Brexit is a case in point. In June 2016, British citizens voted to exit the European Union, an outcome that none of the polls had predicted. According to Carole Cadwalladr, the Welsh journalist who exposed Cambridge Analytica and Facebook’s role in the referendum, voters had been misled by fake content via ads and news feed on Facebook.

The riveting video excerpt in Exhibit 12.2, taken from Carole Cadwalladr talk at the TED Stage on July 2019, explains why she thinks the “gods of Silicon Valley” are failing democracies across the globe.

Carole is absolutely spot on when she says “hate and fear are being sown online”. Yet contrary to her belief that the “smartest people” are finding “new ways of manipulating us”, it is more likely that the gods are themselves being manipulated. The computer algorithms that the social networks rely on are just not smart enough to quickly detect fake news.

Social media platforms are compelled to rely on automation to filter out fakes from the colossal content that floods their network. Human editors previously employed by Facebook to curate its trending news section were unable to cope with the deluge. Present-day machine learning based algorithms, however, are just not smart enough to do their jobs.

Major social networks, on their part, have acknowledged that more needs to be done, and they say that they keep improving their ability to detect misinformation, and to swiftly remove it. However, since it is not something that they are currently on top of, marketers and politicians need mechanisms to deal with it.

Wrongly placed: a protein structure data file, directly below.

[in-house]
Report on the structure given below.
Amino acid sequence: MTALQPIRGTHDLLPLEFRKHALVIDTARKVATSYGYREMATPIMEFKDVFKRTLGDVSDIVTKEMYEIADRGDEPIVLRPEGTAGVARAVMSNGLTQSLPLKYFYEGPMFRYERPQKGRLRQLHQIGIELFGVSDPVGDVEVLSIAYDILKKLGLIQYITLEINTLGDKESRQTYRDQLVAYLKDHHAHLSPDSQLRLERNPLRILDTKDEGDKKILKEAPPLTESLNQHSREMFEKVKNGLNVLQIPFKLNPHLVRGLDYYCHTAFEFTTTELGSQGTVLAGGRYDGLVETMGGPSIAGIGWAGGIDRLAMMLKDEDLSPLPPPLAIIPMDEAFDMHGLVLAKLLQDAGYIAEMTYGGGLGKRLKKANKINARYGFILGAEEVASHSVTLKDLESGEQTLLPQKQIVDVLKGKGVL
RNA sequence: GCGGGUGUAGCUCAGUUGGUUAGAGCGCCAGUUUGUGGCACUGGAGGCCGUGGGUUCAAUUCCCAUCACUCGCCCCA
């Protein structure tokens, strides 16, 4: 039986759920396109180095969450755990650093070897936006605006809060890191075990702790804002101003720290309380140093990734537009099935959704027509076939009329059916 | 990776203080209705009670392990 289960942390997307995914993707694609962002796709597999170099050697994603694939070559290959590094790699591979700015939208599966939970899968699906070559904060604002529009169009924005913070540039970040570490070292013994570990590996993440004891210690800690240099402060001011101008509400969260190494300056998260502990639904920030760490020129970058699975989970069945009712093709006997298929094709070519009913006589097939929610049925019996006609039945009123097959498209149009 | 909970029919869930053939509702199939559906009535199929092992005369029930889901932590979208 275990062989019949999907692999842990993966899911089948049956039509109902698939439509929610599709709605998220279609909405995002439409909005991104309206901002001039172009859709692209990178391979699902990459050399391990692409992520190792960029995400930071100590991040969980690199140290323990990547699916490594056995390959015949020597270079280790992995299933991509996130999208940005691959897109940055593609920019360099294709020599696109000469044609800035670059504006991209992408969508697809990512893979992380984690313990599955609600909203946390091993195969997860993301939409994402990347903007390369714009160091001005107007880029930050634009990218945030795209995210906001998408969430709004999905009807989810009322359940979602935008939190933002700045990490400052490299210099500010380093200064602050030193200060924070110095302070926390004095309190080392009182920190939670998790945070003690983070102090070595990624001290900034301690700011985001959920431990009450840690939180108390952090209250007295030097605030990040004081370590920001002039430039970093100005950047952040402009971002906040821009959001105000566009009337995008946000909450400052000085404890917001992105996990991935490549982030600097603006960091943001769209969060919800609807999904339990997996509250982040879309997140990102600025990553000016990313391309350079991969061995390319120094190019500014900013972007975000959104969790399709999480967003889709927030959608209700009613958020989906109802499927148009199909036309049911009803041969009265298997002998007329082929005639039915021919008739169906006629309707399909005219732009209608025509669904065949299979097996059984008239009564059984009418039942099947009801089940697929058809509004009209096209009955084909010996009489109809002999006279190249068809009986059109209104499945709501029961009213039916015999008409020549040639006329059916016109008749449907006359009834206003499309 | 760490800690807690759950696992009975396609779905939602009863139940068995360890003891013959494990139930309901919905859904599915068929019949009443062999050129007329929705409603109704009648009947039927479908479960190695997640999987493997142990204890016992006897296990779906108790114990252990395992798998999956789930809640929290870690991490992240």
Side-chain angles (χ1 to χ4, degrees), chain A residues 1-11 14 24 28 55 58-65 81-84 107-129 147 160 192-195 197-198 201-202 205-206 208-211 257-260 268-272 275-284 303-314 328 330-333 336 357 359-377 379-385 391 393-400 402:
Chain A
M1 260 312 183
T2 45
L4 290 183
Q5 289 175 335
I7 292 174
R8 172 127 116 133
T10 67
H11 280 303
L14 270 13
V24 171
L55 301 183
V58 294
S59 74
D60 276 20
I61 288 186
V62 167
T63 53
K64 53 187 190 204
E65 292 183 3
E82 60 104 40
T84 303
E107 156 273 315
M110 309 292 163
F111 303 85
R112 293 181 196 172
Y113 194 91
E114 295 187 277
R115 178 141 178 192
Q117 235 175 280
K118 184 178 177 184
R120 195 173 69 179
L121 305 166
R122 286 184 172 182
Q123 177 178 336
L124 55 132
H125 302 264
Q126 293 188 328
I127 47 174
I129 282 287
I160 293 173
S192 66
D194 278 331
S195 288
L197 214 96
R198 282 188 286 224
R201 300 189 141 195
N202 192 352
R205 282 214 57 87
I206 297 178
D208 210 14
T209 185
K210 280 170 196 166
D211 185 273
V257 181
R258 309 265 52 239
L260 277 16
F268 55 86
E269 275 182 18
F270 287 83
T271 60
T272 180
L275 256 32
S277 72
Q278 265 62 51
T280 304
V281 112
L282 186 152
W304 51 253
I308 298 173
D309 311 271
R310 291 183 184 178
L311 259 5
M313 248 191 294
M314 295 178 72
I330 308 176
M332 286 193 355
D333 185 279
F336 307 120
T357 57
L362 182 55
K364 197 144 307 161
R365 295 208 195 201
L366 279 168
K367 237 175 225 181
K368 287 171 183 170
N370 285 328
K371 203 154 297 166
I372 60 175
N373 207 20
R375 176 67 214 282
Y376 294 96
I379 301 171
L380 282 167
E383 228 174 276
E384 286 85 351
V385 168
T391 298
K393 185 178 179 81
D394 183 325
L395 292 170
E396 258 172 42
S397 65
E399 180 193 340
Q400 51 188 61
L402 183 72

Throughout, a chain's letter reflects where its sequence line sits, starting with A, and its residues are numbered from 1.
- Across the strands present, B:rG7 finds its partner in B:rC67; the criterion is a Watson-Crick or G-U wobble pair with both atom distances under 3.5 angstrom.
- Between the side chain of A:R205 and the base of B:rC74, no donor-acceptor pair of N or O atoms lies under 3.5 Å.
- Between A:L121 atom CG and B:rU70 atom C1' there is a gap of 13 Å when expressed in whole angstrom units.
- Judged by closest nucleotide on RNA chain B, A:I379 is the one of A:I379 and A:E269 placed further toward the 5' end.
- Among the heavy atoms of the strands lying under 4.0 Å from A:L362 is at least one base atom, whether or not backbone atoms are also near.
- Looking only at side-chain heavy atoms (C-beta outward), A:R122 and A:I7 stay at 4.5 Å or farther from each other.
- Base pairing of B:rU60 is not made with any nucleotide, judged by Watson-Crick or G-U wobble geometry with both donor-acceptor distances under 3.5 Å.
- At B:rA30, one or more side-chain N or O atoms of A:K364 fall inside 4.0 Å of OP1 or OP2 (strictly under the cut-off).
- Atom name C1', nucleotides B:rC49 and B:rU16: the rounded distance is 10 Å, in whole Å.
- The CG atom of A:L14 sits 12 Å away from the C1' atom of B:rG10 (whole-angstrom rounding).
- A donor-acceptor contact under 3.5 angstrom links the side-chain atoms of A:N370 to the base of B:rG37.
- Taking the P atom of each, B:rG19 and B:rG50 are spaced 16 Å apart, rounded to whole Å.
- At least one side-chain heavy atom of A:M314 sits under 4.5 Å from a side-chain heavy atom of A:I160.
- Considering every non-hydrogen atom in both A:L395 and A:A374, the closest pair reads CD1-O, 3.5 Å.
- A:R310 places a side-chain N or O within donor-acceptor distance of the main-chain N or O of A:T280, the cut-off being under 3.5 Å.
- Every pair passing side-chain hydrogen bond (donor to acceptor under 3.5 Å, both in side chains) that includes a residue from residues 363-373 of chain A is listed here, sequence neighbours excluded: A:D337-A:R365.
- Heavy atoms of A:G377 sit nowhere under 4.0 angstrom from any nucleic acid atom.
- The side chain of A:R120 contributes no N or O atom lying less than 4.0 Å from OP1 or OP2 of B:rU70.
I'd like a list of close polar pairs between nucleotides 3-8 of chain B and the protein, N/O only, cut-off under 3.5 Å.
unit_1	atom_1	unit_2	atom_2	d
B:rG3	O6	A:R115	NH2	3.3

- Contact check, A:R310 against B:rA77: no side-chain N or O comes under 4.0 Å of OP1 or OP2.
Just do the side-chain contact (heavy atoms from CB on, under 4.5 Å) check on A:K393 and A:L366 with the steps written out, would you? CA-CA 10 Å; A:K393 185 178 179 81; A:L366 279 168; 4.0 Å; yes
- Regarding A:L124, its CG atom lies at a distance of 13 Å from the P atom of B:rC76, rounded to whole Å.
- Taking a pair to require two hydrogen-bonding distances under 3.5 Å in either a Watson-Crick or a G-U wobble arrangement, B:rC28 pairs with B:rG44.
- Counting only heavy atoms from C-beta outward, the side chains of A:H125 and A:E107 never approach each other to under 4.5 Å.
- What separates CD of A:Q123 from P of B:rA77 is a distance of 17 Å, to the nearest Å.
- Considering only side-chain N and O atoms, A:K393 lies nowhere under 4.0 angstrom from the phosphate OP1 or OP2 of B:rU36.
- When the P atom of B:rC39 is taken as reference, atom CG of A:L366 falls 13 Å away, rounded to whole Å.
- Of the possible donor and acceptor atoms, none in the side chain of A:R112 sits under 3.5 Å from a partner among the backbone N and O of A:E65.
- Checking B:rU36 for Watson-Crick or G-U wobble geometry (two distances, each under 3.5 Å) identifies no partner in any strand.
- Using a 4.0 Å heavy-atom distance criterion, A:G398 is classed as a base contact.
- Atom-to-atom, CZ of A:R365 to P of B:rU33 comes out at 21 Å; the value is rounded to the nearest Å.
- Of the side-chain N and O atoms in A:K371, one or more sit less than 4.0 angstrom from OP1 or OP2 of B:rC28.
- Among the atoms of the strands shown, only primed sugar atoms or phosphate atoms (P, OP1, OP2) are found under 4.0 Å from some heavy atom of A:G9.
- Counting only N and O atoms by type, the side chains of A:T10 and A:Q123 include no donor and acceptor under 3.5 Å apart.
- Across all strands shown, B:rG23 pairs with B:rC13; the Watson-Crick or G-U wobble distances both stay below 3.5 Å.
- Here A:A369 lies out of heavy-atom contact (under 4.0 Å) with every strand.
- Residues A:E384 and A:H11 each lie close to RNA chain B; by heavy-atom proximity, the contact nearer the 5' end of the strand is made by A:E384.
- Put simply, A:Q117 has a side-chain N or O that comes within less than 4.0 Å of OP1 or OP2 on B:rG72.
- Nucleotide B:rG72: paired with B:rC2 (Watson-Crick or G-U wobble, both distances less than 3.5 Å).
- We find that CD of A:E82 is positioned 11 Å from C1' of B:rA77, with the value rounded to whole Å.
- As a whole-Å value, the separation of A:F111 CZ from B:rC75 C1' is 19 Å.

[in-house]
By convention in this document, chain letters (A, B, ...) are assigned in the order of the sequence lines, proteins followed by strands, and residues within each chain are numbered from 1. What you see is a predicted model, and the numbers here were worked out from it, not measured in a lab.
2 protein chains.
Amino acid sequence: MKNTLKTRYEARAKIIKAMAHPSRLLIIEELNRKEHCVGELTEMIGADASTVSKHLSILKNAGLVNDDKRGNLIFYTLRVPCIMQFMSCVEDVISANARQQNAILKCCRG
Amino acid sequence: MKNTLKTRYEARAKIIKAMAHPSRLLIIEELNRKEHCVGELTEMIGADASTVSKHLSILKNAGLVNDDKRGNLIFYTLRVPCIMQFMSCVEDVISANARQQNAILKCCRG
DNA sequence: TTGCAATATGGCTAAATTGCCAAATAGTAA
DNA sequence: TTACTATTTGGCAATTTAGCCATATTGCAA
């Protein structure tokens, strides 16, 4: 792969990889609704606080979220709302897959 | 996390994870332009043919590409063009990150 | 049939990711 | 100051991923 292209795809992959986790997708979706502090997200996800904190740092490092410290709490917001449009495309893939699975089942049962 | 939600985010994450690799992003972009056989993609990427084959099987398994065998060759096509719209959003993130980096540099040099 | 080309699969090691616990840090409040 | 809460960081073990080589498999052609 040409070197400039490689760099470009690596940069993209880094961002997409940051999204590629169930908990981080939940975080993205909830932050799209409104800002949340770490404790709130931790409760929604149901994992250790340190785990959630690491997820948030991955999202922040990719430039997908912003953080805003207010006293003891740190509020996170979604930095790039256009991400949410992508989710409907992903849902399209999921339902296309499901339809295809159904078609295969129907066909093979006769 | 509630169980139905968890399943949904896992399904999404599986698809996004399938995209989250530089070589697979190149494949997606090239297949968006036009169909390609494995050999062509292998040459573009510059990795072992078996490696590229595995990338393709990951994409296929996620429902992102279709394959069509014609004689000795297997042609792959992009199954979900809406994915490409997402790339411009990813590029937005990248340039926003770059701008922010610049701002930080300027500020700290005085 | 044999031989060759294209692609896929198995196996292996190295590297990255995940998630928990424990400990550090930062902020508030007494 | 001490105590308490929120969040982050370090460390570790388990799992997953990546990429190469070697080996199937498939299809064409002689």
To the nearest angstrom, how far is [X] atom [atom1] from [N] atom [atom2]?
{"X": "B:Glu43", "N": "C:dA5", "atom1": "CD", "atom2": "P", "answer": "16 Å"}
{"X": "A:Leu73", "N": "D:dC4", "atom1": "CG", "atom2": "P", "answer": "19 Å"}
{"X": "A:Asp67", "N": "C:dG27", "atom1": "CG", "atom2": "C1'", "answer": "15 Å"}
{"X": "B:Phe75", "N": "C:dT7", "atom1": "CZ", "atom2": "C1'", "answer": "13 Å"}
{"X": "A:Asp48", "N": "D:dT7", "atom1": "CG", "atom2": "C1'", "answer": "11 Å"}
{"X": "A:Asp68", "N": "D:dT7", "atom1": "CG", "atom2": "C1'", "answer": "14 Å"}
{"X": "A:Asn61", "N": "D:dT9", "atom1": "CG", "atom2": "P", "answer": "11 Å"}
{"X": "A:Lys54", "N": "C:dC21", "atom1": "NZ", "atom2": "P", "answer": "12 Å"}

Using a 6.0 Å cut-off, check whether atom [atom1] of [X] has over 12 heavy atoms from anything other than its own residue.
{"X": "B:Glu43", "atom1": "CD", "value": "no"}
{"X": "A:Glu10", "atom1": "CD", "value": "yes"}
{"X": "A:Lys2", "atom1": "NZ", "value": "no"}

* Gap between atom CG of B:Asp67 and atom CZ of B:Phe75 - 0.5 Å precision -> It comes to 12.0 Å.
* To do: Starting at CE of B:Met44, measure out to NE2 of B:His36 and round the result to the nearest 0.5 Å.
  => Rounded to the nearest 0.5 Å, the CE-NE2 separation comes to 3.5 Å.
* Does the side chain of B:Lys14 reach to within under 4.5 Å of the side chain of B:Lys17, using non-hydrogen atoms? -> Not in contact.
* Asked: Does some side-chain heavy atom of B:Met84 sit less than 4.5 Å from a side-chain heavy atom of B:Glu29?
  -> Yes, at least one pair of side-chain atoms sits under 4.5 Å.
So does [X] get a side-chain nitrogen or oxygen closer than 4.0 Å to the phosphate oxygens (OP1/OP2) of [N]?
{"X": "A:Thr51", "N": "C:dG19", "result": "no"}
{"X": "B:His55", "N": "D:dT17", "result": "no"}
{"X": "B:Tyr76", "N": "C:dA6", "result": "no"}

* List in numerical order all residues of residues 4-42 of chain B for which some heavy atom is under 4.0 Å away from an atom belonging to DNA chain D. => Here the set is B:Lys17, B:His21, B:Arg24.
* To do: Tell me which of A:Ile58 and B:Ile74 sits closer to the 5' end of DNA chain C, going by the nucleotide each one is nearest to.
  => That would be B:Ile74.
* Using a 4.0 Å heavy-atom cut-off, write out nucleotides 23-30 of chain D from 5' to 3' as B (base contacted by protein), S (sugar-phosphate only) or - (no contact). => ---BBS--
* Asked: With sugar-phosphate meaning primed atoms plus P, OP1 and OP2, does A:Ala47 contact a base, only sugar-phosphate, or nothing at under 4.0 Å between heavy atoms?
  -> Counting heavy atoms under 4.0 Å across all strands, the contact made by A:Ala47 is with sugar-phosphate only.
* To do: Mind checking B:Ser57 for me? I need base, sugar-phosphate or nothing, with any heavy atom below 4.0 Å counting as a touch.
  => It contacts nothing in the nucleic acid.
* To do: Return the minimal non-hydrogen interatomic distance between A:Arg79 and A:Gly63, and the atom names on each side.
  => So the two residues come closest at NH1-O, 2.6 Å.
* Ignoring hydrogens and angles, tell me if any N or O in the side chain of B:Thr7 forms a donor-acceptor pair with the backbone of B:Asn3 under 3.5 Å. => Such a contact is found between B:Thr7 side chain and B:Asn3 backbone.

In this context the spread of misinformation complicates marketing efforts. Besides competing with bogus content for netizen’s mindshare, marketers must take actions to contain the impact of fraudulent reports that could damage their brands and their reputations. Many of them too are guilty of spreading their own spurious content.

Misinformation is a growing social problem that needs to be contained. There ought to be consensus that purposeful lying or intentional misrepresentation should not be condoned. The measures needed to stem the problem, however, are debateable. Every person and every government has their own view on freedom of expression.

Given this background, governments around the world are increasingly scrutinizing social networks, in an effort to contain the spread of fake and hateful content. To cite a few examples, after the US election results of 2016, President Barack Obama sharply criticised the bogus news reports saying they threatened democracy. In December 2015, the German government struck a deal with Google, Facebook and Twitter to remove any German anti-migrant sentiments from their networks. Earlier that year, the French prime minister and European Commission officials met separately with Facebook, Google, Twitter and other companies to demand faster action against online terrorism incitement and hate speech. And in 2009, China, for a variety of reasons including censorship, blocked Facebook, Twitter, YouTube, and FourSquare. Later in 2010, Google, which had maintained a service that conformed to the country’s censorship policies, shut down its Chinese search engine after a cyberattack that targeted it and some other companies.